We have been working in Knowledge Management(KM) since 1998.

Our Principal was fortunate to have been working for Ernst & Young - acknowledged as a world leader in KM for productivity gains and supporting innovation. Our Principal was also fortunate to have worked at IBM - another world leader in KM. These early experiences helped us establish the foundation of our KM capability.

Over the last 8 years, we have worked on many Knowledge Management projects for many organisations.. Comparing and contrasting KM in the private and public sectors, we have found that the area of creating and sustaining a KM culture is central to the success of KM projects and initiatives in organisations.

There is a absolutely huge, sometimes overwhelming body of knowledge on KM methodologies and practices and we have refined our capabilities by taking the best of what appears to have worked globally and adapting them to what we consider to be very unique New Zealand conditions - in particular in the public sector.

We have assisted and are able to contribute in the development of KM strategies, roadmaps, blueprints, reviews and plans. Managing KM projects, particularly those that are anchored in ushering in a culture change is a particular strength of ours. This is so because we are able to bring to bear deep subject matter knowledge, aqcuired through practice and past experience alongside standard project management practice.

Central to our philosophy and practice of KM is culture. We believe that unless a Knowledge Culture is embedded, it is quite difficult to realise the benefits of investments in KM technology investments. Embedding a KM culture requires making KM everyone's job - through the development and adoption of incentives and consequences.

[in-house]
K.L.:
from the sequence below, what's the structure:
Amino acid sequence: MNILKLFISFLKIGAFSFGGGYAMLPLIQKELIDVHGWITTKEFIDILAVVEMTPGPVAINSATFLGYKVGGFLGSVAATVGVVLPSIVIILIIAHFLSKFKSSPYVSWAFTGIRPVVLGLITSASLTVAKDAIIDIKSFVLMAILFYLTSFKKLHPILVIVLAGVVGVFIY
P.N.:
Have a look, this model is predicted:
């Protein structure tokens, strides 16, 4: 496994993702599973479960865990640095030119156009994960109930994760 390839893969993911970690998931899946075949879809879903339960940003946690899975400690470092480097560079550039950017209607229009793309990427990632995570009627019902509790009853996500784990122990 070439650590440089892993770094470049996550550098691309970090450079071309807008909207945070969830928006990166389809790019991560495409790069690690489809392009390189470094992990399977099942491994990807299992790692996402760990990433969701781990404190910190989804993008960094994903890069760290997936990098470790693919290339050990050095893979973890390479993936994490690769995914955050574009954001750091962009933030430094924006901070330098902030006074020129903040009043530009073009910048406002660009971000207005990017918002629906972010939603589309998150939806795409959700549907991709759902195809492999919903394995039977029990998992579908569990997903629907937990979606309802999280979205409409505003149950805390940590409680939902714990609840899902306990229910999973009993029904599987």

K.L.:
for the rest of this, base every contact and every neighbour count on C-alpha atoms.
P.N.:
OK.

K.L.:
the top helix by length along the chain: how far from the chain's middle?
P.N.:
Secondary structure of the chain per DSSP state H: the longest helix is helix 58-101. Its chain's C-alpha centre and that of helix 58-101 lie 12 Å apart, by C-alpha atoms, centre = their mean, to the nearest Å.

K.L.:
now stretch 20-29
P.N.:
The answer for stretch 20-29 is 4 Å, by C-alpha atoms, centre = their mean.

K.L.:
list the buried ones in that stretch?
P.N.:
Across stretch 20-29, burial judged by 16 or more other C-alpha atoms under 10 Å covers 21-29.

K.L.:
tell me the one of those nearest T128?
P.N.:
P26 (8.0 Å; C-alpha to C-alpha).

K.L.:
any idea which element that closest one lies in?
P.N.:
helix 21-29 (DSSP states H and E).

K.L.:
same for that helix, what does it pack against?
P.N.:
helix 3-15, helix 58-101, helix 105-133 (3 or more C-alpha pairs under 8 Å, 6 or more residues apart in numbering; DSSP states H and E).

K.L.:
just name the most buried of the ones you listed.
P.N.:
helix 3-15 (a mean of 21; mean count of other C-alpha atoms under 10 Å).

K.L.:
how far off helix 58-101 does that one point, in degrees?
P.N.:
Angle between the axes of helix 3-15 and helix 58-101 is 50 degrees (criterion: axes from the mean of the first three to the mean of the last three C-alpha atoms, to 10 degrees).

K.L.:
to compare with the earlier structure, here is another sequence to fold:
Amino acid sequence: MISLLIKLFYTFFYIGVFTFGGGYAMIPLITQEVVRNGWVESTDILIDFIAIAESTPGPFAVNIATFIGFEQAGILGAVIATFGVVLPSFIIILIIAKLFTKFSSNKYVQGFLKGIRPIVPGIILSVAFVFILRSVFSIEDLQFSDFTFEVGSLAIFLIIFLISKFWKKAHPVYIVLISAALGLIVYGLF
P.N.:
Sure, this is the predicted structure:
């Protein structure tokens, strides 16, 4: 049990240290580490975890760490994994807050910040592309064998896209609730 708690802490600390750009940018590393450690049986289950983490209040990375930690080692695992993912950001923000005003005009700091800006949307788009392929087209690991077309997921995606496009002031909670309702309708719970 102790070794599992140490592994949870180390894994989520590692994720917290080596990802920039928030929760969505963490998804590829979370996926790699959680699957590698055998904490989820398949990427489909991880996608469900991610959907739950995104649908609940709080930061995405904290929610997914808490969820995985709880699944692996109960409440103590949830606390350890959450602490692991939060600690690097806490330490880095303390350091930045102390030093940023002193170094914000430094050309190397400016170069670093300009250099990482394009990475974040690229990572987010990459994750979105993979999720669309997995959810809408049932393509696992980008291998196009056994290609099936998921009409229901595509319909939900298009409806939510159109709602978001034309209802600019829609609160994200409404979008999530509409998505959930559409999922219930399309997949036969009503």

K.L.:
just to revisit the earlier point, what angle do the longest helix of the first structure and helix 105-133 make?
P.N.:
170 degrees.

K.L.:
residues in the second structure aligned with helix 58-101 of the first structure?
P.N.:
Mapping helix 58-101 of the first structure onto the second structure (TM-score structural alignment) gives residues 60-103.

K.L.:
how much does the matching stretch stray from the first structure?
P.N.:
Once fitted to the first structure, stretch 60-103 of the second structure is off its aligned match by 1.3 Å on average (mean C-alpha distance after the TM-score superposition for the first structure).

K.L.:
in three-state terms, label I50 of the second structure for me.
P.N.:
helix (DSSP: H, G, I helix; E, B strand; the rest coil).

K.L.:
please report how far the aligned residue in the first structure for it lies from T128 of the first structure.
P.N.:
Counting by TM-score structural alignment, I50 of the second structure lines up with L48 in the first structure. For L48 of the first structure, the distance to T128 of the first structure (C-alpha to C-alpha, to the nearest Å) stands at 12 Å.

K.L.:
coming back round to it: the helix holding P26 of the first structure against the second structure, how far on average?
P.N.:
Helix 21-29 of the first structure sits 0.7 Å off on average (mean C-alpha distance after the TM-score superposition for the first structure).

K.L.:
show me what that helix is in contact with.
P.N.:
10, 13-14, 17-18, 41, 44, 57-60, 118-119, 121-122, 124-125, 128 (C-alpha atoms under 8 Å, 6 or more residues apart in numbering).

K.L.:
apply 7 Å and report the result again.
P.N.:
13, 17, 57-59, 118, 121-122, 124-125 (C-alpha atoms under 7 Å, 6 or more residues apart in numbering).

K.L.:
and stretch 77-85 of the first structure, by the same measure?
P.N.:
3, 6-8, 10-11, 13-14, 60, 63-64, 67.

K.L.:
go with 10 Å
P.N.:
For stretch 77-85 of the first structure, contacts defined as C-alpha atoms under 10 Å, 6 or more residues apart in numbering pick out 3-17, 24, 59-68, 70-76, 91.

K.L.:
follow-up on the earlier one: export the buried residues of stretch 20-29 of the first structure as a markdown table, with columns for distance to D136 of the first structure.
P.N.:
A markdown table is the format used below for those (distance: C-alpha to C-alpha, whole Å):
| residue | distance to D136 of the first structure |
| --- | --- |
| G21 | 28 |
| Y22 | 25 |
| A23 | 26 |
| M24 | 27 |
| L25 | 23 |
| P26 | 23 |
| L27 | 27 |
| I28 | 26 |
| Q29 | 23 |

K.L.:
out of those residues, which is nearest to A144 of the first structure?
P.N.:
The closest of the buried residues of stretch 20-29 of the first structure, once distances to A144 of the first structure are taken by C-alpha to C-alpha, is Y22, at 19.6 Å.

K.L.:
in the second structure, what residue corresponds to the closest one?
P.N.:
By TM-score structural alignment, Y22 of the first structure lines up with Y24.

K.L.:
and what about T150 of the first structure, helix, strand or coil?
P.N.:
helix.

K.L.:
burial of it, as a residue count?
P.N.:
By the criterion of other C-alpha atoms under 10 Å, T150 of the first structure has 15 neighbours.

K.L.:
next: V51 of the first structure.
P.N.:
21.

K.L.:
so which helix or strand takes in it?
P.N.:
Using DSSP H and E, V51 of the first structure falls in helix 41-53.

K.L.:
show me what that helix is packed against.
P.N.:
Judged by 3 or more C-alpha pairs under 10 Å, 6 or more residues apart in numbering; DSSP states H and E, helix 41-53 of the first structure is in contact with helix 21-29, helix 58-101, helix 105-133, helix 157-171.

Our "mantra" to address the quintessential question of "What is Knowledge?" in simple terms is: "Knowledge = Documents+Emails+Conversations". It is the last of these, which is most challenging to harness and explicate

Another area of KM that requires special consideration is the boundary between KM and Records Management (RM). We find that unless this boundary is clearly defned and understood pervasively across the organisation, the lack of clarity can become perhaps the biggest barrier to obtaining a return on KM investments.

This approach combined with our deep and current understanding of contemporary IT and IM solutions, including the role that Open Source, Social Computing and Web 2.0 technologies are playing to enable KM equips us to assist our clients in realising benefits from their KM investments.

Love to hear from you for a discussion on Knowledge Management and explore how we may be of service to you.

You can also read our opinion on various subjects including Knowledge Management here.

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